One thing I can say about living in Japan is, it has made me appreciate the amazing variety of delicious types of tea that exist in Asia. Before coming here there were three kinds of tea in my vocabulary: “tea” (the stuff that comes in a Lipton tea bag), “herbal tea” (the kind that doesn’t have caffeine, so why would I drink it?), and “green tea” which the Japanese drink. The basic “green” tea (ryoku-cha) is usually sencha or bancha, with the best tea coming from Shizuoka Prefecture, where Mt. Fuji is located. When you buy products like Green Tea Caramels from Morinaga the flavor used is matcha, which is a thicker and more bitter green tea made from a powder, and this is also the tea used in traditional tea ceremony.
The are other distinct kinds of “green” teas, including hoji-cha (made from leaves that have been roasted over charcoal) and genmai-cha (green tea with roasted rice that’s commonly served at sushi restaurants). Other teas commonly consumed include Chinese teas like oolong and jasmine tea plus the delicious mugi-cha barley tea which the Japanese drink as often as American teenagers drink Coke. (I daresay if there’s one bit of data that tells why Americans have more problems with obesity than the Japanese do, it’s to be found here. Americans drink 600 cans of soda per person per year, and the Japanese probably drink 1/100 of that amount.)In addition to Asian teas, the Japanese are also fans of Western style tea, called kocha or “red tea” (though we call it black tea). Though green, black and oolong teas all come from the same plant (the differences arise from how the leaves are processed), there’s an interesting cultural line between all Asian teas and black tea. The Japanese closely associate black tea with the West, and it’s nearly always sold as a ridiculous parody of British tea, with oldey timey image images of Victorian-era women drinking tea from a dainty china cup. I’ve been known to have fun pushing my wife’s cultural buttons, drinking black tea from a traditional yunomi cup for green tea, and vice versa, which no one in Japan does — the two tea cultures are always completely separate.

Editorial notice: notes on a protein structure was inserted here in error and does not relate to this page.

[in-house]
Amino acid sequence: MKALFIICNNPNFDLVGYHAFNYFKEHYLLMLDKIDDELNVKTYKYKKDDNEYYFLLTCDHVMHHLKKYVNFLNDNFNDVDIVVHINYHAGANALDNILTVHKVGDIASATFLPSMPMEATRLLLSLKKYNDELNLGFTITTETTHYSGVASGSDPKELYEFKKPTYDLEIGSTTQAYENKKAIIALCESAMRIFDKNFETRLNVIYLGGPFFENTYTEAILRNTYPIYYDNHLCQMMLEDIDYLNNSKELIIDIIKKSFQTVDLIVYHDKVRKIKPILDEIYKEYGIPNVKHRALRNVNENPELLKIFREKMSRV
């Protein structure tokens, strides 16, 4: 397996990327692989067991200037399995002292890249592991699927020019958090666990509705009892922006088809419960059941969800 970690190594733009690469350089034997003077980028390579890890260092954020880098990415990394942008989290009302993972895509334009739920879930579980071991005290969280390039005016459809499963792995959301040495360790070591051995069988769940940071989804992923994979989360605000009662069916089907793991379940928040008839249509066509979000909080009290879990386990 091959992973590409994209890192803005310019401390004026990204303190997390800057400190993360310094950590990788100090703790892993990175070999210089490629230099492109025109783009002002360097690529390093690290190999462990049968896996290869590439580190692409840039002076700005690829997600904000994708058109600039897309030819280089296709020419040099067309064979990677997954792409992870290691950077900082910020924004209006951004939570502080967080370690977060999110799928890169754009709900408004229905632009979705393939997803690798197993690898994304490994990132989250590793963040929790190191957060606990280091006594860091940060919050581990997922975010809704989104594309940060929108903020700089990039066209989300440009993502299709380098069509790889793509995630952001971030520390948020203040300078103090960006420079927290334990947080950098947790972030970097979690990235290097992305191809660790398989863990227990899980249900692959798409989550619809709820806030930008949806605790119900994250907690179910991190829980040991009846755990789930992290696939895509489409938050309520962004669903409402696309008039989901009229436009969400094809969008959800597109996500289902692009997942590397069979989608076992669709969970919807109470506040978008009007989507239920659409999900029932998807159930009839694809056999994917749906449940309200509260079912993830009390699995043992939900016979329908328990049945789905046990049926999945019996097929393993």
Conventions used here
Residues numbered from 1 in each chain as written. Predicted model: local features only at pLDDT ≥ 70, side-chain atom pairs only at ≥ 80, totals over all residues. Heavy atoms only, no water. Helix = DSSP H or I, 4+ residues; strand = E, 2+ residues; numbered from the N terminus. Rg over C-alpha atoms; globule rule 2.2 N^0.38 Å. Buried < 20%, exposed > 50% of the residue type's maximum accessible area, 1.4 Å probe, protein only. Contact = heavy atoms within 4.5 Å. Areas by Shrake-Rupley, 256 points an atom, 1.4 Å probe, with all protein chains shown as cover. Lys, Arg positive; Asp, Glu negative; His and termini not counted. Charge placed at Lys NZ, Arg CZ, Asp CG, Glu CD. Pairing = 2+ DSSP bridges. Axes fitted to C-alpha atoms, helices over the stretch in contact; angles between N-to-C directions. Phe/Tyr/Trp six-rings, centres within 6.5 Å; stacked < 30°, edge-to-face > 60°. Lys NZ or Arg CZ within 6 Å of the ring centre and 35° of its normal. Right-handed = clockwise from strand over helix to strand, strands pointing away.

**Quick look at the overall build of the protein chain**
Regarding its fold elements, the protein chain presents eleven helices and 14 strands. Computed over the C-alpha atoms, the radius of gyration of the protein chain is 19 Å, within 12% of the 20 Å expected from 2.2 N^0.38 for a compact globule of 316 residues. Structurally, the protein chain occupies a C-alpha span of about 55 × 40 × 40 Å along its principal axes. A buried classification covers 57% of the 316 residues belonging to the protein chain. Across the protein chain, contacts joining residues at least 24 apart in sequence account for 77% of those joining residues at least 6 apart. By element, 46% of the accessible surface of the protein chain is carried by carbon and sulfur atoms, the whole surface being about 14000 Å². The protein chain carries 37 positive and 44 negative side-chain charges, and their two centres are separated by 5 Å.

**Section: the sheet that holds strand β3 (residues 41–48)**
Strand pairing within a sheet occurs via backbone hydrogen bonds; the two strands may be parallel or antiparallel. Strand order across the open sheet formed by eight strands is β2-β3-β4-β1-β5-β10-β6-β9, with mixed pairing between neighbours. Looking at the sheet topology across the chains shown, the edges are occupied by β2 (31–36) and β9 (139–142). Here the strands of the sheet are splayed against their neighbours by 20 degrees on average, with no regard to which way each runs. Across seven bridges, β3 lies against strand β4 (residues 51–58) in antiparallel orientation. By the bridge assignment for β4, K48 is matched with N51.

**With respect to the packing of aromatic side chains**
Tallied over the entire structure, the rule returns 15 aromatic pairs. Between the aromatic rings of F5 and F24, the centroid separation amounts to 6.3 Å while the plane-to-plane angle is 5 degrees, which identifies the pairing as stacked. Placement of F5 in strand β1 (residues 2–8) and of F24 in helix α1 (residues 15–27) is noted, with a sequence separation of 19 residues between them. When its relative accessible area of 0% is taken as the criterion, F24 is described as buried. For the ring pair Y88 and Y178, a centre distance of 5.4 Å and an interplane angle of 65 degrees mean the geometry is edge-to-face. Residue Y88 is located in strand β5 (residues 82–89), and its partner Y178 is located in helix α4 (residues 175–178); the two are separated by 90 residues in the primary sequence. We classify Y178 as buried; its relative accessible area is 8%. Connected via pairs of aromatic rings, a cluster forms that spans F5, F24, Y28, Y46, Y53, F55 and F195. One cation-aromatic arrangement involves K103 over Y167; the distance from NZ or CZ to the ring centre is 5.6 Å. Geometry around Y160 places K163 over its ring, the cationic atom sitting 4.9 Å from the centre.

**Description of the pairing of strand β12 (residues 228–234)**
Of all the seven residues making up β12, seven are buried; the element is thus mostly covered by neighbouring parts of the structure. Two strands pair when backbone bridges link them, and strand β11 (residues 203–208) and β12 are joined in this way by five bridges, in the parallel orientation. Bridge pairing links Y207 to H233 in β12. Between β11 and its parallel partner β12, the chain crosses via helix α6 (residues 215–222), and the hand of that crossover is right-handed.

The Japanese have a great affinity for various types of tea, from East to West.